Friday, July 21 @ 7:30pm
“Johnny Guitar” (Republic, 1954)
“There is really no other film quite like it. It is an intense, unconventional, stylized picture, full of ambiguities and subtexts that rendered it extremely modern. ”—Martin Scorsese. Joan Crawford is at her steely best as Vienna, an enterprising businesswoman who has opened a casino on the outskirts of a small town. Sterling Hayden plays Johnny Guitar, a guitar-slinging former gunman and Vienna’s old flame. But it’s Mercedes McCambridge (the voice in “The Exorcist”) who steals the film as an insanely powerful woman who wants Vienna dead. Director Nicholas Ray’s (“Rebel Without a Cause”) mastery of genre mechanics is on full display here, even as he deploys those mechanisms in service of unprecedented thematic and stylistic interventions. (Color, 110 minutes.)
Thursday, July 27 @ 7:30pm
“Destry Rides Again!” (Universal, 1939)
Marlene Dietrich and James Stewart ride high in this superb comedic western, both a boisterous spoof and a shining example of its genre. As the brawling, rough-and-tumble saloon singer Frenchy, Dietrich shed her exotic love-goddess image and launched a triumphant career comeback, while Stewart cemented his amiable everyman persona with a charming turn as a gun-abhorring deputy sheriff who uses his wits to bring law and order to the frontier town of Bottleneck. (Black & white, 95 minutes.)
Friday, July 28 @ 7:30pm
“Blazing Saddles” (Warner Bros., 1974)
Mel Brooks’ classic send-up of Hollywood westerns finds a railroad slated to be diverted through an existing town and a crooked Attorney General forcing a dimwitted governor to appoint an African-American sheriff to horrify the townsfolk, who all have the same last name. What happens next is quite unexpected. Directed by Mel Brooks (“Young Frankenstein”) and written, in part, by comedy legend Richard Pryor, this film has had audiences rolling in the aisles for almost 50 years. Starring Cleavon Little, Gene Wilder, Slim Pickens, Harvey Korman and Madeline Kahn (playing off of Marlene Dietrich in the previous night’s film). “This is the funniest film ever made!”—Mel Brooks. (Color, 93 minutes.)
Please note: Due to necessary electrical maintenance to the NAVCC facility, the film screening schedule for the next few months will be altered. The Packard Campus Theater will be screening films on Thursday and Friday nights only. Programs are free and the matinee shows will be family friendly. Children 12 and under must be accompanied by an adult. Seating at the screenings is on a first-come, first-served basis unless otherwise noted.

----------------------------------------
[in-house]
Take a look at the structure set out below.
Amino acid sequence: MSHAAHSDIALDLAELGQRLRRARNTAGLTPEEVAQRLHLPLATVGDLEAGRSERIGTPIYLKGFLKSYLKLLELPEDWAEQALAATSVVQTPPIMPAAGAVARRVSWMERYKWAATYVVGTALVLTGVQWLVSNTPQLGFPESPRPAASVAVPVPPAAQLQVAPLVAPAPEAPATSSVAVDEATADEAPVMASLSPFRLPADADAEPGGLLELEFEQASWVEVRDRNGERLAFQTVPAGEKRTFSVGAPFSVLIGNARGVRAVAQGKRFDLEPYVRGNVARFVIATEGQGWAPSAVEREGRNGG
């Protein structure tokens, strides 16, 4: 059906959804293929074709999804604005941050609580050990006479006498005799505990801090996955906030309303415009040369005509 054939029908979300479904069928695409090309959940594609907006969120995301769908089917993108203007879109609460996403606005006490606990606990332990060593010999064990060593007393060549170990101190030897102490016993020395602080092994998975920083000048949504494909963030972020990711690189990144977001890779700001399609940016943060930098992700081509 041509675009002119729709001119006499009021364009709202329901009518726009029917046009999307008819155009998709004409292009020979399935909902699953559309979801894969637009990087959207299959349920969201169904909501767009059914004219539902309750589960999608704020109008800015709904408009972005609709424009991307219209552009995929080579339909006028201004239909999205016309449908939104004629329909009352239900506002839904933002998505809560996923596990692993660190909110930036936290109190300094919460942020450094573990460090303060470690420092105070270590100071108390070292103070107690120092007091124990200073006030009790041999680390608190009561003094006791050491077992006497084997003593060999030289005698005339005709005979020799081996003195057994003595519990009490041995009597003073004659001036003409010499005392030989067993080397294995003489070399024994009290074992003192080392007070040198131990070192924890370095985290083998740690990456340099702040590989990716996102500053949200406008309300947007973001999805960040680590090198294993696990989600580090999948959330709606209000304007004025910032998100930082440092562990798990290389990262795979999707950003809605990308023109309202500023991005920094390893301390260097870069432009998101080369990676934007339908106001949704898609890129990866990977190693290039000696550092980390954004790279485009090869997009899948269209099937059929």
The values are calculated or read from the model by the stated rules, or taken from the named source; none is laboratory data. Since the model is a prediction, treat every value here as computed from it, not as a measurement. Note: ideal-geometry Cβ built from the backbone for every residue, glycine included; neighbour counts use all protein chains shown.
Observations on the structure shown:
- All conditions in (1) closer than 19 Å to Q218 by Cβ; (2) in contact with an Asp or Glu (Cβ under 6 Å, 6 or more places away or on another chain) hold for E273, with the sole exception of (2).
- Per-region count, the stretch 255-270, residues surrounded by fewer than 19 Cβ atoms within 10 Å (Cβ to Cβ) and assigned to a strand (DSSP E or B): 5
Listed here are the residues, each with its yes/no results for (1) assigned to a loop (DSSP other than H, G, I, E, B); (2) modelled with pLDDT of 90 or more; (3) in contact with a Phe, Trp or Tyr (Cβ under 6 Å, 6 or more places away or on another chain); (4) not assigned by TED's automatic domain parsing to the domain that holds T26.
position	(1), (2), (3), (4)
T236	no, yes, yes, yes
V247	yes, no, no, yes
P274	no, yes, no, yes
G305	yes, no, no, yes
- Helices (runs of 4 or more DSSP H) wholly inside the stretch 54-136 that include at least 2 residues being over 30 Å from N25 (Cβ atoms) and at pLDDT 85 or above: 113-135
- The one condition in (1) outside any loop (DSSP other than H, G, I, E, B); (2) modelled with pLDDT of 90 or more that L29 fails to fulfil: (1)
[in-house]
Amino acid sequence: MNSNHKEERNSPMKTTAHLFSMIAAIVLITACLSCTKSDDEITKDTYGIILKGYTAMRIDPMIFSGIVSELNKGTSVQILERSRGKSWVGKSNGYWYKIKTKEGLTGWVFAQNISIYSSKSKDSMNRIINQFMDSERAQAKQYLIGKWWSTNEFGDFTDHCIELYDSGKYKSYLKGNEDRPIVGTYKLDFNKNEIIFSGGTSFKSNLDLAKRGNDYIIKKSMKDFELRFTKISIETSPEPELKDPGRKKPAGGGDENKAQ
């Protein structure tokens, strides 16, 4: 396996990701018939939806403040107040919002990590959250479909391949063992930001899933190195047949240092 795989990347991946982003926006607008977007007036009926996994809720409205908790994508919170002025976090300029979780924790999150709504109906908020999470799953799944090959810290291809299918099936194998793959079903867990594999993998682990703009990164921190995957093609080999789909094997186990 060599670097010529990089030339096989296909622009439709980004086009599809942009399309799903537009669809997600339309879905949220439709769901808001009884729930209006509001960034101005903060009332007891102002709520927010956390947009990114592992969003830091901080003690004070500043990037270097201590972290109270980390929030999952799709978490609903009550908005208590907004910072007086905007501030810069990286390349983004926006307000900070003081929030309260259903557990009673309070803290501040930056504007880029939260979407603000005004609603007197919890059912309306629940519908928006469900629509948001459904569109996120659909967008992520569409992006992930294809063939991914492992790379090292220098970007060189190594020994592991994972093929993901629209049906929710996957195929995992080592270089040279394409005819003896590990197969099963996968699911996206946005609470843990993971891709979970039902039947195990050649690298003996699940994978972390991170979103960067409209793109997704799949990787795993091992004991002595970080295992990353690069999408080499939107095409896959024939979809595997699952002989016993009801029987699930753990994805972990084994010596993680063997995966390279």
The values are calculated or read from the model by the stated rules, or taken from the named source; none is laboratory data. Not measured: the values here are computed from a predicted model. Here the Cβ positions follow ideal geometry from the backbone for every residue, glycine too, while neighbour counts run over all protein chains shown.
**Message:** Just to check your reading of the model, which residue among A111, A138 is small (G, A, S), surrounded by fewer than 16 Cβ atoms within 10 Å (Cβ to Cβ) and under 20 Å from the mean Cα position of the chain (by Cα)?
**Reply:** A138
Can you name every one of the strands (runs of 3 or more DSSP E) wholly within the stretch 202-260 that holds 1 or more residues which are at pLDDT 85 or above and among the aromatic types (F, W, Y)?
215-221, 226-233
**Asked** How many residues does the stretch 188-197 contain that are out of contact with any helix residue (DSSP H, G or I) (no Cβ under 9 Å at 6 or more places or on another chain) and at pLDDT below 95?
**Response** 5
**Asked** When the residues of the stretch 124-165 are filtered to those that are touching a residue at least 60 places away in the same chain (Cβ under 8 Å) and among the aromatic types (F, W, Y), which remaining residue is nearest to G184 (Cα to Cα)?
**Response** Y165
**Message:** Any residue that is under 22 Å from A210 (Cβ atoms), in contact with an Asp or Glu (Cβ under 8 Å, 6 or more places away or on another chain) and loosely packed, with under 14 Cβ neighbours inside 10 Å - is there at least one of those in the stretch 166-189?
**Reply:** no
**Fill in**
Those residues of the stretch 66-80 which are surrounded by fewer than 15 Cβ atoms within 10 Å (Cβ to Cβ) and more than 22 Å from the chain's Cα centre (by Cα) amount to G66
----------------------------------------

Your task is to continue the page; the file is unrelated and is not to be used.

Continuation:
Wearing face masks is recommended as the theater is open to 100% capacity. Patrons must go through an “airport style” security check, and no large parcels, purses or backpacks are permitted.
Federal law (18 U.S.C. 930) prohibits the possession of any firearm or other dangerous weapon into this Federal facility. This includes in the parking lot, all roads, trails, and grounds as well as the building. This also applies to off-duty law enforcement officers (LEO) and concealed-carry permit holders.
The Packard Campus is located at 19053 Mount Pony Road in Culpeper, Virginia. Access to the campus parking lot begins one hour before show time; entrance into the building begins 45 minutes before the show, and the theater opens for seating 30 minutes before the curtain. Please do not arrive early and queue at the Packard Campus gate.
The Library of Congress Packard Campus of the National Audio-Visual Conservation Center oversees one of the largest collections of motion pictures in the world. Acquired primarily through copyright deposit, exchange, gift and purchase, the Collection spans the entire history of the cinema. Since 2008, the art deco theater located at the Packard Campus has shown films each week and screened more than 2,500 titles. The programs will again highlight the best in cinema, including silent films, Hollywood classics, kids’ cartoons and foreign films.
For more information on LC screenings, see this link.